Market Overview

Good Friday Not So Great, Thanks To Data

Good Friday Not So Great, Thanks To Data

The stint of impressive hiring figures in the U.S. came to an end last week when the closely watched nonfarm payrolls' figures for March revealed the nation's weakest figure in 15 months.

The Labor Department report showed that employers added just 126,000 new jobs in March, while the unemployment rate remained at 5.5 percent.

The figure hasn't had time to sink in just yet, as markets were closed Friday for the Easter holiday, but traders are already beginning to wonder how this revelation will impact the Federal Reserve's plans to raise interest rates this year.

Where Did The Weakness Come From?

The figure shows that the U.S. recovery may not be as strong as previously believed. Recent reports have also revealed a decline in consumer spending and manufacturing output, proving that the jobs data isn't just a one off.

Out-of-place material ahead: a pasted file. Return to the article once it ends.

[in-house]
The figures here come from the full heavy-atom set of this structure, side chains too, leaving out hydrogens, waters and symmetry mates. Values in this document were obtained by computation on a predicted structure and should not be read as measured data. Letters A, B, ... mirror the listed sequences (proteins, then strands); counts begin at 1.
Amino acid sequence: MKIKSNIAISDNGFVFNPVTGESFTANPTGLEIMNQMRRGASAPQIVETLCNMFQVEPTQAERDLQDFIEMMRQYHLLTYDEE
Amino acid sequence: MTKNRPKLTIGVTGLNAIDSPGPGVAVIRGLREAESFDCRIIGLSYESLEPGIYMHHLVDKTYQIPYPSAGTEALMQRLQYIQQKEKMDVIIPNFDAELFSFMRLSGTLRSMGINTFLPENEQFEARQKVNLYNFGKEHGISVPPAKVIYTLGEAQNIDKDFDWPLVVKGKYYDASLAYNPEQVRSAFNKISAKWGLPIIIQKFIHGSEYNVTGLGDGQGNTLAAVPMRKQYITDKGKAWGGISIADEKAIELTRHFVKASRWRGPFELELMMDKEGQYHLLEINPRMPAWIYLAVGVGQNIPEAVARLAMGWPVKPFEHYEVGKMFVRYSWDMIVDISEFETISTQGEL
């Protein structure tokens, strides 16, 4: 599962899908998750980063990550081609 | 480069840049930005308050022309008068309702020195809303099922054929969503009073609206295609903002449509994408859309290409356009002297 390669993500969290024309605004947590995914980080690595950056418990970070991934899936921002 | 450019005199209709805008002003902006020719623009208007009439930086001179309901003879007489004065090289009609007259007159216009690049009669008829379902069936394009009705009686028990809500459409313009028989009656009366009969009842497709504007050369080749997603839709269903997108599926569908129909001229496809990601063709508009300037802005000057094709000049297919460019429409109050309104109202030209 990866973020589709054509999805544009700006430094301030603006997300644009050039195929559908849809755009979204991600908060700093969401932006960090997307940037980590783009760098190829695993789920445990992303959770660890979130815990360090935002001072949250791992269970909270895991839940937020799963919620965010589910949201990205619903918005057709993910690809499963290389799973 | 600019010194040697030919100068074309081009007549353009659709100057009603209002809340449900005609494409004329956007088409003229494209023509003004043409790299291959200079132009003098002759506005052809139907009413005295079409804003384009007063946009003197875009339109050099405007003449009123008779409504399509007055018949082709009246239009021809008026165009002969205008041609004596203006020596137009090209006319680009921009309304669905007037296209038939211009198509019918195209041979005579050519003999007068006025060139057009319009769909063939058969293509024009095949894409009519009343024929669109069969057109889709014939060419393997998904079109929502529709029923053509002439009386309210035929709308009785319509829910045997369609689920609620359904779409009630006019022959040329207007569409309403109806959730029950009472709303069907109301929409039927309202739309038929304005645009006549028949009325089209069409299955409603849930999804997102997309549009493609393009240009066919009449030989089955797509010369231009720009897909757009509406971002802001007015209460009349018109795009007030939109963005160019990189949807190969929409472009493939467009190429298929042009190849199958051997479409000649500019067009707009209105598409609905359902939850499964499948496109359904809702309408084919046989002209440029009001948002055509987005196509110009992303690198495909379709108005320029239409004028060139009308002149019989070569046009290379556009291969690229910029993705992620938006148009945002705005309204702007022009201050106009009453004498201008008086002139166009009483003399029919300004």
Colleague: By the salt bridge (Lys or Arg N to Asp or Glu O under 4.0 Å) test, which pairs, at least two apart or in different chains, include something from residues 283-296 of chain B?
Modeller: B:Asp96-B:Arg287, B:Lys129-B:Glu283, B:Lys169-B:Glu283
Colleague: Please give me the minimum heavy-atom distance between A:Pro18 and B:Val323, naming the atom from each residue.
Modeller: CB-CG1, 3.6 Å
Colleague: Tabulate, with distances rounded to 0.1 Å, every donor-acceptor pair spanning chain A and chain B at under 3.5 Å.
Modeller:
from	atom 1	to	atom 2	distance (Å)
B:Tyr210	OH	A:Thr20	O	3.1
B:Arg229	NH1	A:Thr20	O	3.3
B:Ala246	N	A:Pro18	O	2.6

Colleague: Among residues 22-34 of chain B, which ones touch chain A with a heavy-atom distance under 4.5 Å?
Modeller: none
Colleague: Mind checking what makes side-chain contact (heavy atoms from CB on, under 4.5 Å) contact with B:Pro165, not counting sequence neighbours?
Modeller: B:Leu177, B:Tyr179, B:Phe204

Related Link: Jacqueline D. Reses Joins Federal Reserve Bank Of San Francisco's Economic Advisory Council

Some have attributed the poor data to the strengthening dollar, which has made U.S. exports less competitive in the global marketplace, while others say the figures can be explained by extreme cold.

Rate Hike Expectations Pushed Back

While poor data is a bad sign for the U.S. economy, it could be a positive for investors who are hoping that the Fed will keep rates low just a little bit longer.

Speculation about when the bank is planning to raise its interest rate has been all over the place as of late, but most analysts agree that in light of the jobs data, the bank isn't likely to make a move until July at the earliest.

Market Uncertainty To Continue

Many believe that the U.S. recovery is strong enough to weather a few months of poor data, especially when much of the downward pressure is coming from weakness in foreign economies. However, the Fed isn't likely to tighten its policies in the face of uncertainty.

Instead, most expect the bank to wait until inflation rises and the data improves. Still, markets will be on edge in the months to come, closely watching each of the U.S. economic indicators and waiting for any signal from the Fed that a rate hike is on the horizon.

Image Credit: Public Domain

Posted-In: labor department Nonfarm PayrollsNews Econ #s Top Stories Federal Reserve Markets Best of Benzinga


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